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Bind Parameters

SQL and C8QL support the usage of bind parameters, thus allowing to separate the query text from literal values used in the query. It is good practice to separate the query text from the literal values because this will prevent (malicious) injection of keywords and other collection names into an existing query. This injection would be dangerous because it may change the meaning of an existing query.

Using bind parameters, the meaning of an existing query cannot be changed. Bind parameters can be used everywhere in a query where literals can be used.

The syntax for bind parameters is @name where @ signifies that this is a bind parameter and name is the actual parameter name. Parameter names must start with any of the letters a to z (upper or lower case) or a digit (0 to 9), and can be followed by any letter, digit or the underscore symbol.


If you are using SQL bind variables, variable name can only contain numbers. For example $1, $2, $3 etc. When using bind variables with SQL, collection name can't be one of bind variables. For example SELECT * FROM $1 is not supported.

In the web interface, there is a pane next to the query editor where the bind parameters can be entered.

FOR u IN users
FILTER == @id && == @name

If you are using our API or SDK, the bind parameter values need to be passed along with the query when it is executed, but not as part of the query text itself.

"query": "FOR u IN users FILTER == @id && == @name RETURN u",
"bindVars": {
"id": 123,
"name": "John Smith"

Bind parameters that are declared in the query must also be passed a parameter value, or the query will fail. Specifying parameters that are not declared in the query will result in an error too.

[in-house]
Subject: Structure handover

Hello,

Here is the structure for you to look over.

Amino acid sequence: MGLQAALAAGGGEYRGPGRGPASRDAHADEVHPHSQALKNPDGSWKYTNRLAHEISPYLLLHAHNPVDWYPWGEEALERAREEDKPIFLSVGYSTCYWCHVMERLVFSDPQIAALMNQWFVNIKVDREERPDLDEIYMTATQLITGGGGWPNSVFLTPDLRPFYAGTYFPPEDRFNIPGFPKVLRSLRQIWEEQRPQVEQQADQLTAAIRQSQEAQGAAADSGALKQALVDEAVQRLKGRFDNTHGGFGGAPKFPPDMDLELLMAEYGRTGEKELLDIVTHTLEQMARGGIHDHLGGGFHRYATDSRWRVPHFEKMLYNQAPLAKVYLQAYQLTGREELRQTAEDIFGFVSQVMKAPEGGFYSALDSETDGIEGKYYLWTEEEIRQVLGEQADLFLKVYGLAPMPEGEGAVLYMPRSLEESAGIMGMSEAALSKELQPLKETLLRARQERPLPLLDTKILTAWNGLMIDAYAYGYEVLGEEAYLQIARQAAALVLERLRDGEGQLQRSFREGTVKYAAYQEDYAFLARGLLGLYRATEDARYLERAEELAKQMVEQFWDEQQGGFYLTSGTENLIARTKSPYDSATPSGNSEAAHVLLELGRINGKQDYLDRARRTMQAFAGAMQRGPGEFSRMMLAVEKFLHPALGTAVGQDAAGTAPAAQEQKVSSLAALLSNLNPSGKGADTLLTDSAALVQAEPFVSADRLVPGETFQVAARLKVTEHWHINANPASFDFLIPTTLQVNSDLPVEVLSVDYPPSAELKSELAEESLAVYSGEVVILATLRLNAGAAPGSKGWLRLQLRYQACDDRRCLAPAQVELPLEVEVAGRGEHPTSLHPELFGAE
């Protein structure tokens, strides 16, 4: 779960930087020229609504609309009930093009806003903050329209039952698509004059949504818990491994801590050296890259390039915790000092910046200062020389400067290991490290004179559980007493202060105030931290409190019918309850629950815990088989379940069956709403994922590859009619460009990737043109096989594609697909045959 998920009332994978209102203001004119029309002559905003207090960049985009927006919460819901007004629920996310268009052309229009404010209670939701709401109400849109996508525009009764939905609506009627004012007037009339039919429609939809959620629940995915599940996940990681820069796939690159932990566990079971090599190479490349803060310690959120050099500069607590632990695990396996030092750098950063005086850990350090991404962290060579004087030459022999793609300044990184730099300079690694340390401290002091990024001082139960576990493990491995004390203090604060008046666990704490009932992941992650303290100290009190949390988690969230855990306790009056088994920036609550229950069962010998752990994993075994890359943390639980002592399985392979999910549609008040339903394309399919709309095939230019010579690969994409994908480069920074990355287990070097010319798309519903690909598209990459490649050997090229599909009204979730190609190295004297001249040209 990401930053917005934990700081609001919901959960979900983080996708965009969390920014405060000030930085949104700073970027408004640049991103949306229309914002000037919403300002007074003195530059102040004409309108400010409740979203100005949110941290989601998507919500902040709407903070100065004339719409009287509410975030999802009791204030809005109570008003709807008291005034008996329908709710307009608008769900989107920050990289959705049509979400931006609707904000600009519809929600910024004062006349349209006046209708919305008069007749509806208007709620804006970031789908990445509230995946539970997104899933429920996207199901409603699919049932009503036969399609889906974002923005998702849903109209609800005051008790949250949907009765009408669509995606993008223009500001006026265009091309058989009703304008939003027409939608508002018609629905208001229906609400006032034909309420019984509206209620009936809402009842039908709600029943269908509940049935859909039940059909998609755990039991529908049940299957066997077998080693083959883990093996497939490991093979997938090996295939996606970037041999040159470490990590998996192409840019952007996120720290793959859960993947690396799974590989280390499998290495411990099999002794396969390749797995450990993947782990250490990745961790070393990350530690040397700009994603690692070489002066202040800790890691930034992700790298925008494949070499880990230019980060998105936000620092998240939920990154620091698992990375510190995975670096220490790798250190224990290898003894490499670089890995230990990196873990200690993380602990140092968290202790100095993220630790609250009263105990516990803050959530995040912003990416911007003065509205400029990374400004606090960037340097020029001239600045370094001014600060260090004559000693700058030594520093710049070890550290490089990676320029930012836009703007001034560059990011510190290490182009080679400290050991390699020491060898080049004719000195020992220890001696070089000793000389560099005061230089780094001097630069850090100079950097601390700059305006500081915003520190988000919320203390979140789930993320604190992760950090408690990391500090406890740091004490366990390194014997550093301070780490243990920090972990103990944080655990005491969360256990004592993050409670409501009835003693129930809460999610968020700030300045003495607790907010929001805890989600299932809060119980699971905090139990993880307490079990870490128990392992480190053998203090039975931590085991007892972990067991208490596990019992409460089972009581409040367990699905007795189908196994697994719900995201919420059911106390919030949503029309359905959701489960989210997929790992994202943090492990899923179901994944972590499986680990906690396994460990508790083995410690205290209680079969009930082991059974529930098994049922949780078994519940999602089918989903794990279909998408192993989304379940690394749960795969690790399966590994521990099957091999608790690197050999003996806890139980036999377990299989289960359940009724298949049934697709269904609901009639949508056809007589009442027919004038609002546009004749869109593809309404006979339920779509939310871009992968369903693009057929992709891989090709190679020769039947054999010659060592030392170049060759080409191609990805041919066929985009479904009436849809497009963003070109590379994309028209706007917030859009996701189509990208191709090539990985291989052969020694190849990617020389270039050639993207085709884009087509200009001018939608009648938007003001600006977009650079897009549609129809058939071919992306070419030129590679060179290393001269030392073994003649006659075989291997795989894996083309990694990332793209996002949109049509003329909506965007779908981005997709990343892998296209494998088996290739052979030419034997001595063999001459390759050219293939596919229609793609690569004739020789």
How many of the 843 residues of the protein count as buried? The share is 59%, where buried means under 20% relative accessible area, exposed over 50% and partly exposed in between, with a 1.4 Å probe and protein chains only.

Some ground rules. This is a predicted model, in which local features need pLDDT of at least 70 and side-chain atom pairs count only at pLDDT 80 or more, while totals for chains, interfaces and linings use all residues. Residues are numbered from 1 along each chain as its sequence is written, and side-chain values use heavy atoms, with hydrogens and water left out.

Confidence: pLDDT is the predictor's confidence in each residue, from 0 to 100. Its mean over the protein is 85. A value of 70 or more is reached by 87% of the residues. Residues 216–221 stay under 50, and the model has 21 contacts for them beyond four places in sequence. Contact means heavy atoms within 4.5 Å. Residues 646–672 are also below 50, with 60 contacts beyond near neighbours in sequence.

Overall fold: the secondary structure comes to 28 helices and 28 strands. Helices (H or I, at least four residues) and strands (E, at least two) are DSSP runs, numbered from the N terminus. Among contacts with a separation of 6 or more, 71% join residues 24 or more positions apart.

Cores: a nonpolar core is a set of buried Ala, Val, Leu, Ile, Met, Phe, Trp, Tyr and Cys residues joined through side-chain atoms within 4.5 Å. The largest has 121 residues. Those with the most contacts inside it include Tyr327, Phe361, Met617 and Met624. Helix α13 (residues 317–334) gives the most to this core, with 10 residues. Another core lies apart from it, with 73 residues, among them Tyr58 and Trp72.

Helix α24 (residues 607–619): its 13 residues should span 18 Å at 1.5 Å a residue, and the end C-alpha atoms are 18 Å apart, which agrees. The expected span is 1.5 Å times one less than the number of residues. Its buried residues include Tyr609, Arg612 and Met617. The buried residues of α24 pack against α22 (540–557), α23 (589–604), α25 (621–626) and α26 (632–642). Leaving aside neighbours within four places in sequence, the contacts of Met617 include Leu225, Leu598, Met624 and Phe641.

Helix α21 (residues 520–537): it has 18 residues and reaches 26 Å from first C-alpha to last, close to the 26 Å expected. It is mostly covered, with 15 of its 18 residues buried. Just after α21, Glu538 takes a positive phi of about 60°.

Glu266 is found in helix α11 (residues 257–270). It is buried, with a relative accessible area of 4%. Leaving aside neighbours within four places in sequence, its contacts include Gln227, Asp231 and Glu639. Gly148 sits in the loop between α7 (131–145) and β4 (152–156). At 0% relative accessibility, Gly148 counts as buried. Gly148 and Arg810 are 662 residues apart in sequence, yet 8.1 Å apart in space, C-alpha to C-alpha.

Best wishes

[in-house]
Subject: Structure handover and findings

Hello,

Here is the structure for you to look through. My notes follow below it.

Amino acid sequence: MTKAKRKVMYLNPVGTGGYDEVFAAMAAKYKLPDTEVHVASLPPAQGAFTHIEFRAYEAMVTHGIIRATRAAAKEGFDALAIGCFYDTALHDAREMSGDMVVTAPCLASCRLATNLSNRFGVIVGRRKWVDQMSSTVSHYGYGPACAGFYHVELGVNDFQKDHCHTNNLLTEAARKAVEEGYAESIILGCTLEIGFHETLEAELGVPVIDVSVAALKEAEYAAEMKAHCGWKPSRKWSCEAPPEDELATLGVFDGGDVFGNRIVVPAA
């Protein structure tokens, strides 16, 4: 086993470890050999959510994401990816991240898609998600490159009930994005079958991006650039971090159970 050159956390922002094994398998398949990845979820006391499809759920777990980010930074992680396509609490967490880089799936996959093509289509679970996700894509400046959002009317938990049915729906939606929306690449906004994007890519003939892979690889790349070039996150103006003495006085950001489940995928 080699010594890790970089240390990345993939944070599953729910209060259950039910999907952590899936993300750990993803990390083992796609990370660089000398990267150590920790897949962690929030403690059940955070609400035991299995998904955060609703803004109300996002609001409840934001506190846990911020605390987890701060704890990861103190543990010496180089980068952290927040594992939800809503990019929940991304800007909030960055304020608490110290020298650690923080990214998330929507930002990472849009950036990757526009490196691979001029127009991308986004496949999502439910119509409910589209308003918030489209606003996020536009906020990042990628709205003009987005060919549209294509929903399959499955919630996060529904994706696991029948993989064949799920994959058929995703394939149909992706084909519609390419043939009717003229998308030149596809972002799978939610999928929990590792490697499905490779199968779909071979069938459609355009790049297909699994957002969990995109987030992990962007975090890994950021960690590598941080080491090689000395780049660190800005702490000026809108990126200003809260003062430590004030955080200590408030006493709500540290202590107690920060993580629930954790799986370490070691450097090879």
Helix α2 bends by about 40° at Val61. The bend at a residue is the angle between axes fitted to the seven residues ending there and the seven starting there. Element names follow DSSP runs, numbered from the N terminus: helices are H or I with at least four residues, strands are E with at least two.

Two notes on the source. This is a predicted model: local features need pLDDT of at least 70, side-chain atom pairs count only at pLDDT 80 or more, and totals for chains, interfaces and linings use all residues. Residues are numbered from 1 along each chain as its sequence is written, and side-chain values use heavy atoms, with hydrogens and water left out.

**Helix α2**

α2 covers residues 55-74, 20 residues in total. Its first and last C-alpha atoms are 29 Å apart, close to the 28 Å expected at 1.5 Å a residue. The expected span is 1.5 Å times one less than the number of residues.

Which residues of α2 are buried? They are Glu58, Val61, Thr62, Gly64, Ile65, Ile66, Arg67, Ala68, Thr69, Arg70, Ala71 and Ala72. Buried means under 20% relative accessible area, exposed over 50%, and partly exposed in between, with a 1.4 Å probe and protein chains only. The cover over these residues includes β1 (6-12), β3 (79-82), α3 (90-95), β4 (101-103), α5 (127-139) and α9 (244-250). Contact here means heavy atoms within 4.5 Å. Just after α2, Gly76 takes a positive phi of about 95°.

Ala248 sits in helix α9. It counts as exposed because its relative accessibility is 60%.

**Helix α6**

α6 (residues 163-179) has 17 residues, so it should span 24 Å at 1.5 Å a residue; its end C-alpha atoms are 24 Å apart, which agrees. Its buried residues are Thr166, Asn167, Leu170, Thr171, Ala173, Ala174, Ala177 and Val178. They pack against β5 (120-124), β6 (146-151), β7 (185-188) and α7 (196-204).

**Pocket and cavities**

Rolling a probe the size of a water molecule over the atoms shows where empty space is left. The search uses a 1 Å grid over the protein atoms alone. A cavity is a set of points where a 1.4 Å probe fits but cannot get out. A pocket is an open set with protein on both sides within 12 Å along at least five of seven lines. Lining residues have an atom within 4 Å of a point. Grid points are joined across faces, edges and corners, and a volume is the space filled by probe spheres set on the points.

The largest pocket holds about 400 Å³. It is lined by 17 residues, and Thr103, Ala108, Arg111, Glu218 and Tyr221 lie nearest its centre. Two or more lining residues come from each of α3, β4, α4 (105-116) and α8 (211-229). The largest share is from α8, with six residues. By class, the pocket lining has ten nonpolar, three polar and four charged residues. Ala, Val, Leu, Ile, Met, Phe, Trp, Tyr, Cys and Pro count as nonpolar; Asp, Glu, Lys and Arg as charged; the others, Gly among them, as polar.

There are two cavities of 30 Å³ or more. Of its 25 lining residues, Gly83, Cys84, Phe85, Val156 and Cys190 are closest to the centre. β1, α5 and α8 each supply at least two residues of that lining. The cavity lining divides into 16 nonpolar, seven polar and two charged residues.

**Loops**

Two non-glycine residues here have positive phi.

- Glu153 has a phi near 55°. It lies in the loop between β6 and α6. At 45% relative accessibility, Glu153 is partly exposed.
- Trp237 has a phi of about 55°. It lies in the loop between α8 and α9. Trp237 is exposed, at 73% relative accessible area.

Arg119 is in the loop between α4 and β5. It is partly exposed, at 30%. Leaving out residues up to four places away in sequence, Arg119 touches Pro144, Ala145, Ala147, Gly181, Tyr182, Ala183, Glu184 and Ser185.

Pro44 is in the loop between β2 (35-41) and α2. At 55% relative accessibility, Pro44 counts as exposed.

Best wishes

Bind variables represent a value like a string, and must not be put in quotes in the C8QL code:

FILTER == "@name" // wrong
FILTER == @name // correct

If you need to do string processing (concatenation, etc.) in the query, you need to use C8QL string functions to do so:

FOR u IN users
FILTER == CONCAT('prefix', @id, 'suffix') && == @name

Bind parameters can be used for both, the dot notation as well as the square bracket notation for sub-attribute access. They can also be chained:

LET doc = { foo: { bar: "baz" } }

RETURN doc.@attr.@subattr
// or
RETURN doc[@attr][@subattr]
"attr": "foo",
"subattr": "bar"

Both variants in above example return [ "baz" ] as query result.

The whole attribute path, for highly nested data in particular, can also be specified using the dot notation and a single bind parameter, by passing an array of strings as parameter value. The elements of the array represent the attribute keys of the path:

LET doc = { a: { b: { c: 1 } } }
RETURN doc.@attr
{ "attr": [ "a", "b", "c" ] }

The example query returns [ 1 ] as result. Note that { "attr": "a.b.c" } would return the value of an attribute called a.b.c, not the value of attribute c with the parents a and b as [ "a", "b", "c" ] would.

A special type of bind parameter exists for injecting collection names. This type of bind parameter has a name prefixed with an additional @ symbol (thus when using the bind parameter in a query, two @ symbols must be used).

FOR u IN @@collection
FILTER == true
{ "@collection": "myCollection" }

Keywords can't be replaced by bind-values; i.e. FOR, FILTER, IN, INBOUND or function calls.